The House Foreign Affairs Committee last month approved a bill that would change the law governing
At its April 14 session, the panel voted 34-0 to send the bill, H.R. 1280, to the House floor. As Arms Control Today went to press, no schedule had been set for a floor vote.
A Senate aide said in an April 26 interview that he “certainly” expected the Senate to produce a companion bill. “Multiple drafts” are circulating, but the Senate probably will not start moving legislation until the House has acted, he said.
The House bill had been introduced April 1 by committee chairman Ileana Ros-Lehtinen (R-Fla.) with several other senior members of the panel as co-sponsors. One of those was Rep. Howard Berman (D-Calif.), the ranking member, who also introduced his own bill, H.R. 1320, which overlapped with Ros-Lehtinen’s in many respects but contained some key differences. The legislation approved by the committee was “an amendment in the nature of a substitute,” which adapted the original Ros-Lehtinen bill to include some key elements of Berman’s.
Ros-Lehtinen’s and Berman’s original bills included a provision tying eligibility for
The bill also would change the circumstances under which cooperation agreements could enter into force without a congressional vote. Under current law, most nuclear cooperation agreements can enter into force after 90 days of so-called continuous session unless Congress enacts legislation blocking the pact. Agreements that meet the nine nonproliferation criteria can come into force this way. Those that do not meet all those conditions require a vote of approval in both chambers of Congress. The only cooperation agreement to come into force by the second route was the one with
The House legislation retains that basic structure. However, by adding the restriction on enrichment and reprocessing, along with a number of other new conditions, it requires countries to do more to be eligible for “fast-track” approval, as Berman called it.
The two-track approach was in Berman’s bill; Ros-Lehtinen’s original bill would have required an affirmative approval vote for cooperation agreements with all countries. Among the other requirements is that each cooperating country has joined an array of international agreements, “has signed, ratified, and is fully implementing” an additional protocol to its safeguards agreement with the International Atomic Energy Agency, “has established and is fully implementing an effective export control system,” and “is closely cooperating with the United States to prevent state sponsors of terrorism from acquiring or developing nuclear, biological, chemical weapons” or “destabilizing numbers and types of advanced conventional weapons, including ballistic missiles.”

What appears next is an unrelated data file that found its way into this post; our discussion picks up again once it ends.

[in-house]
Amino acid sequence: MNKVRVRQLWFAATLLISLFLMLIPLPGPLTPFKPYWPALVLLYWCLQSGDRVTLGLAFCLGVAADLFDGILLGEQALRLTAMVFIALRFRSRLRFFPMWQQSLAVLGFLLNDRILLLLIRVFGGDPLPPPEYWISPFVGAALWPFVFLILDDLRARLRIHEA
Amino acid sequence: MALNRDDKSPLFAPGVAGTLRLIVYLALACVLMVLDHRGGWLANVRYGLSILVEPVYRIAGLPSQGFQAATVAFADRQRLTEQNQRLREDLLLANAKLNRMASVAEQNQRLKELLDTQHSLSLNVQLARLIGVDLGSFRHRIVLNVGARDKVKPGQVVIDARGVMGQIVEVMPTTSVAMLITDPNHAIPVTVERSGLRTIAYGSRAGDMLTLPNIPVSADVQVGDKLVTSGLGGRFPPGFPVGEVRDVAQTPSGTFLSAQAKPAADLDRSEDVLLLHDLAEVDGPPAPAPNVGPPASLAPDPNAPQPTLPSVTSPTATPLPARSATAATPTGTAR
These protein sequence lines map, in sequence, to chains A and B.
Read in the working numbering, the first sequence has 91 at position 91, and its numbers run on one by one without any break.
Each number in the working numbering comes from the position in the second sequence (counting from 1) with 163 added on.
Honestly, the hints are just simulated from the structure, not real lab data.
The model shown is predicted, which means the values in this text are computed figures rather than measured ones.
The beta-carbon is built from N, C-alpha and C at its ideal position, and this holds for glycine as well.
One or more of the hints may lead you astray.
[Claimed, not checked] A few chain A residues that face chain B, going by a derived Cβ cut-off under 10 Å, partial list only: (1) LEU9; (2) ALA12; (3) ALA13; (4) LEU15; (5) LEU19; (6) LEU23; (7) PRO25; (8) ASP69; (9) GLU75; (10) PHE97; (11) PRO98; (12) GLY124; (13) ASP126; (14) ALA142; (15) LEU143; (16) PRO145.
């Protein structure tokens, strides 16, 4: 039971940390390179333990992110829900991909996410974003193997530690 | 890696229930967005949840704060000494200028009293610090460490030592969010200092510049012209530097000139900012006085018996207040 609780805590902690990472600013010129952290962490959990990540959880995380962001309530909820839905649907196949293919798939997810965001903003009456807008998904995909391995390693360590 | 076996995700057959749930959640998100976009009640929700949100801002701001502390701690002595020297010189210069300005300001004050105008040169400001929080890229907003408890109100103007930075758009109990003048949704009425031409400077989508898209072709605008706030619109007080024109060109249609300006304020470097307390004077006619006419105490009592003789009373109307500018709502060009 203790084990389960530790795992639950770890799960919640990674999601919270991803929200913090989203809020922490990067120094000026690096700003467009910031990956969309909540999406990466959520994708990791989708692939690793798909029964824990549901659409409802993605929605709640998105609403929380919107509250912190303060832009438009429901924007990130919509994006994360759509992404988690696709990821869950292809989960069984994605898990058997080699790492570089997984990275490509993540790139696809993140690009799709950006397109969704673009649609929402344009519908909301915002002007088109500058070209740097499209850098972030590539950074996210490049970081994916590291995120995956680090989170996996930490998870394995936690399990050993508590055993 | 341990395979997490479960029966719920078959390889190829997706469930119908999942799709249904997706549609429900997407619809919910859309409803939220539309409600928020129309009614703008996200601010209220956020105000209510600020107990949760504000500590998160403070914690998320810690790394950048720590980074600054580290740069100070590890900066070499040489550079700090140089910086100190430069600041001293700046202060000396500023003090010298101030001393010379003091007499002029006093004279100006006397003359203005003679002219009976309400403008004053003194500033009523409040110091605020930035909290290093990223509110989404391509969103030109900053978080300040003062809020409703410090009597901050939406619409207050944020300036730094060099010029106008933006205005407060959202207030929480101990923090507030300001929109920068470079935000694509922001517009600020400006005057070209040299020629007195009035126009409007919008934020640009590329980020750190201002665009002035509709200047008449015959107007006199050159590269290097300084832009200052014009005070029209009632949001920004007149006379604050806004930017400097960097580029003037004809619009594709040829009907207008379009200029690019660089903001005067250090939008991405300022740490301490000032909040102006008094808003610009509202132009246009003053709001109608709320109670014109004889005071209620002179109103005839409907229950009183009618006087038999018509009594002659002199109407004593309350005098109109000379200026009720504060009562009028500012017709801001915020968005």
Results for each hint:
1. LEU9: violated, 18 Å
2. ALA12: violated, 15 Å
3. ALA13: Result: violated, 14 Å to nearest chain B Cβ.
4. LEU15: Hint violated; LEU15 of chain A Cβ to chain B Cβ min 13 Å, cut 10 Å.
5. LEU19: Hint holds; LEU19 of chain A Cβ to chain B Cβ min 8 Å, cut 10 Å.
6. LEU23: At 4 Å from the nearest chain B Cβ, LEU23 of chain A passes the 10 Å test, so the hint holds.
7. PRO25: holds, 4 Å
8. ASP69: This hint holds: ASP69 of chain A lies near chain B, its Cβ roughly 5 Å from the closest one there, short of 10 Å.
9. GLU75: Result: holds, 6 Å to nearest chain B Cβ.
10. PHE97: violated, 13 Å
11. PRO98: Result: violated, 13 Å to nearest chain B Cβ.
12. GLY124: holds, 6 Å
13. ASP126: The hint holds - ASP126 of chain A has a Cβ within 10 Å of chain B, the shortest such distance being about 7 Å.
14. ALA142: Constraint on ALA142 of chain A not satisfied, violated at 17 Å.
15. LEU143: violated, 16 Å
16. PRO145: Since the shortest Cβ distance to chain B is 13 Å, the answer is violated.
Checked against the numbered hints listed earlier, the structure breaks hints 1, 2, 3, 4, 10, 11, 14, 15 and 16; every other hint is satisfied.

In her statement at the April 14 session, Ros-Lehtinen said Congress should “act now to put these new protections in place, so that cooperation between the
In a statement issued later that day, the Nuclear Energy Institute, which represents the nuclear industry in
It warned that the bill “threatens thousands of American jobs and billions of dollars in exports by
In comments to reporters after an April 26 appearance at a
Setting a Standard
Part of the impetus for the legislation came from the
A Department of State spokesman last year referred to the UAE agreement as the “gold standard,” but the Obama administration has been divided over the question of how to apply the UAE model to other countries. (See ACT, October 2010.) One particular piece of that question is whether to apply it to countries outside the
One country affected by the debate is
With regard to another much-discussed potential 123 agreement,
Accounts of the negotiations vary on what the specific terms of the deal might be, but the general idea seems to be that Jordan would not pursue enrichment or reprocessing for some specified period of time and that the two sides would revisit the issue at the end of that period.
In an April 19 interview, a House aide who follows nonproliferation issues closely said the cooperation agreement with
One result of the House legislation may be that the administration presses harder for strong nonproliferation conditions in ongoing talks, the staffer said.
In an April 22 interview, a nuclear industry source said a Jordanian decision to accept
For many countries, the source said, signing a cooperation agreement with the
The legislation requires a “report on comparability of nonproliferation conditions by foreign nuclear suppliers,” but does not specify action that Congress should take in response to the report. The “implied purpose” of the report is to exert some pressure on non-U.S. suppliers to upgrade their nonproliferation requirements to be more consistent with the ones the bill would establish, the Democratic staffer said.
In his statement at the April 14 committee session, Berman urged the Obama administration “to use all its influence to convince the other nuclear supplier states to adopt the same nonproliferation and security conditions in their agreements that we observe in ours, especially when those same suppliers are seeking nuclear business in the